The end of the Internet is near — and in less than three years, according to the Organization for Economic Cooperation and Development.
The reason? More than 85% of the available addresses have already been allocated and the OECD predicts we will have run out completely by early 2011.
These aren’t the normal web addresses you type into your browser’s window, and which were recently freed up by Internet Corporation for Assigned Names and Numbers, the body responsible for allocating domain names, to allow thousands of new internet domains ending in, for instance, .newyork, .london or .xxx.
Beneath those names lie numerical Internet protocol addresses that denote individual devices connected to the internet. These form the foundation for all online communications, from e-mail and web pages to voice chat and streaming video.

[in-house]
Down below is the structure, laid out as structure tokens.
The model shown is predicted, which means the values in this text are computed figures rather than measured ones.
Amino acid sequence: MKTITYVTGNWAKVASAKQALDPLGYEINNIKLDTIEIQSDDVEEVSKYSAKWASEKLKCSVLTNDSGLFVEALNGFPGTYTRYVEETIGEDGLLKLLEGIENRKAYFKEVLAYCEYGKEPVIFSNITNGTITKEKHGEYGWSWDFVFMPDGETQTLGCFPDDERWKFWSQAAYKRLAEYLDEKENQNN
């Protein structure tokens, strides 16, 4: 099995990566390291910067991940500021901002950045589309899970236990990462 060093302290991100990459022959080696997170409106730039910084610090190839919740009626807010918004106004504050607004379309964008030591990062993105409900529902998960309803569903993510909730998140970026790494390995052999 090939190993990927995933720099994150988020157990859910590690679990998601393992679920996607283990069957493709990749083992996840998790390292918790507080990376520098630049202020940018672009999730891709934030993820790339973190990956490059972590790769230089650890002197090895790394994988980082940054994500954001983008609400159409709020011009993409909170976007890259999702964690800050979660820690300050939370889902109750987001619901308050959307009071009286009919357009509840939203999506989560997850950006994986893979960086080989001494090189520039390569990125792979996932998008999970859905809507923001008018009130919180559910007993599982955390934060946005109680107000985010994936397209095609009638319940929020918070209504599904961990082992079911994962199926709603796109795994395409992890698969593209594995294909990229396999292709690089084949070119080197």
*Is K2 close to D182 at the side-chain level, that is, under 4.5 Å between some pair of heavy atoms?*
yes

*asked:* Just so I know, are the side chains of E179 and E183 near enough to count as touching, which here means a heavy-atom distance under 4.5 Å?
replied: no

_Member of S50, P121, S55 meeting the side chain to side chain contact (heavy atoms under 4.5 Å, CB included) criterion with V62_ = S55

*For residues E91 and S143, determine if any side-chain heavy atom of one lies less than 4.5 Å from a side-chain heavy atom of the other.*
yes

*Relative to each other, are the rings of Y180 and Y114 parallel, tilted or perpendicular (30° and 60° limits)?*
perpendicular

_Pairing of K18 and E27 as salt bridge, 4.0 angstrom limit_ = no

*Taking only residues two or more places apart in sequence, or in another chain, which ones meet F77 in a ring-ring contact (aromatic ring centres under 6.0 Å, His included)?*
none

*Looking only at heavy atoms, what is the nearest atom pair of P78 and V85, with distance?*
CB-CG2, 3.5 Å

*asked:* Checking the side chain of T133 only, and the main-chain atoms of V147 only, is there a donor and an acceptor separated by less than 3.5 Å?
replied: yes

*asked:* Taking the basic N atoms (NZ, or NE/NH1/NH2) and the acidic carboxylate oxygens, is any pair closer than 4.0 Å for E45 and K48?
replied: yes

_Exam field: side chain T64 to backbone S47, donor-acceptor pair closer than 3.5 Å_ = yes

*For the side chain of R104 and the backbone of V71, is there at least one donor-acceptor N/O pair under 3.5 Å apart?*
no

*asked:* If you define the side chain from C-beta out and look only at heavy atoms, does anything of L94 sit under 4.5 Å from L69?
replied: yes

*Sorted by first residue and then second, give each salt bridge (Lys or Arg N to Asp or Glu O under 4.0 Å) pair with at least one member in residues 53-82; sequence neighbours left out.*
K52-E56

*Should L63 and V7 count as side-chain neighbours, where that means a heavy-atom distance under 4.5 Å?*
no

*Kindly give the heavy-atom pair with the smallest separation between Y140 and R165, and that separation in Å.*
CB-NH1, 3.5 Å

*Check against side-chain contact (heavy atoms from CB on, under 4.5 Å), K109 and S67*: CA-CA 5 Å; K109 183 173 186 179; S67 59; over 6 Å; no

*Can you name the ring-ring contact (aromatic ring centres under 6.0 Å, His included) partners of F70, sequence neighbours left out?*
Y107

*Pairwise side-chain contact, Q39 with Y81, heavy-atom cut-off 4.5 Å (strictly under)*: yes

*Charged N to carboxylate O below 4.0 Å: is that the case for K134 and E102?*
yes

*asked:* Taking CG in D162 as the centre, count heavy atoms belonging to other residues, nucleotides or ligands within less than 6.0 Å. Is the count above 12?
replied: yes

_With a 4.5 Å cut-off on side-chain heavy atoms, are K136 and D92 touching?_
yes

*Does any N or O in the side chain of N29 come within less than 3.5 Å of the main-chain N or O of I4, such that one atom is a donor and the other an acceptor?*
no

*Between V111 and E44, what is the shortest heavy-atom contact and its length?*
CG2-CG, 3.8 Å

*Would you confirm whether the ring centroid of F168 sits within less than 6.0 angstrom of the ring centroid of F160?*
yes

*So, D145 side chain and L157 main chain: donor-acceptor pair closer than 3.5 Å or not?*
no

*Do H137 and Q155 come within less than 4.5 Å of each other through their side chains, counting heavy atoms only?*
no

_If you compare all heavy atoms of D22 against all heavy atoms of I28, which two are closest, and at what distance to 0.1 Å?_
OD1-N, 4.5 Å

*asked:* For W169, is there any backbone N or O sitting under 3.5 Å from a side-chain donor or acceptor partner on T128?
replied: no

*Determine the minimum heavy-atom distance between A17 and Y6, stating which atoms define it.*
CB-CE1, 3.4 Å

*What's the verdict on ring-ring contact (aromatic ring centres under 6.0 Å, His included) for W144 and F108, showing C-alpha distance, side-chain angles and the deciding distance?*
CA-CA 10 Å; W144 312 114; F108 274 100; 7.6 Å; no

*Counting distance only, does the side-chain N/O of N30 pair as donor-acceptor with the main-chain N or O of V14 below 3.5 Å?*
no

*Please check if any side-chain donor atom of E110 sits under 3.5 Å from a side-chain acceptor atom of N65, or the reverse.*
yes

When the current IP address scheme was introduced in 1981, there were fewer than 500 computers connected to the Internet. Its founders could be forgiven for thinking that allowing for a potential 4 billion would last for ever. However, less than 30 years later, the Internet is rapidly running out. Every day thousands of new devices ranging from massive web servers down to individual mobile phones go online and gobble up more combinations and permutations.
“Shortages are already acute in some regions,” says the OECD. “The situation is critical for the future of the internet economy.”
As addresses run dry we will all feel the pinch: Internet speeds will drop and new connections and services will either be expensive or simply impossible to obtain. The solution to the IP address shortage is an upgrade to new addresses that can accommodate our hunger for online connectivity. Such a system, called IPv6, was agreed more than a decade ago, providing enough addresses for billions upon billions of devices as well as improving Internet phone and video calls, and possibly even helping to end e-mail spam.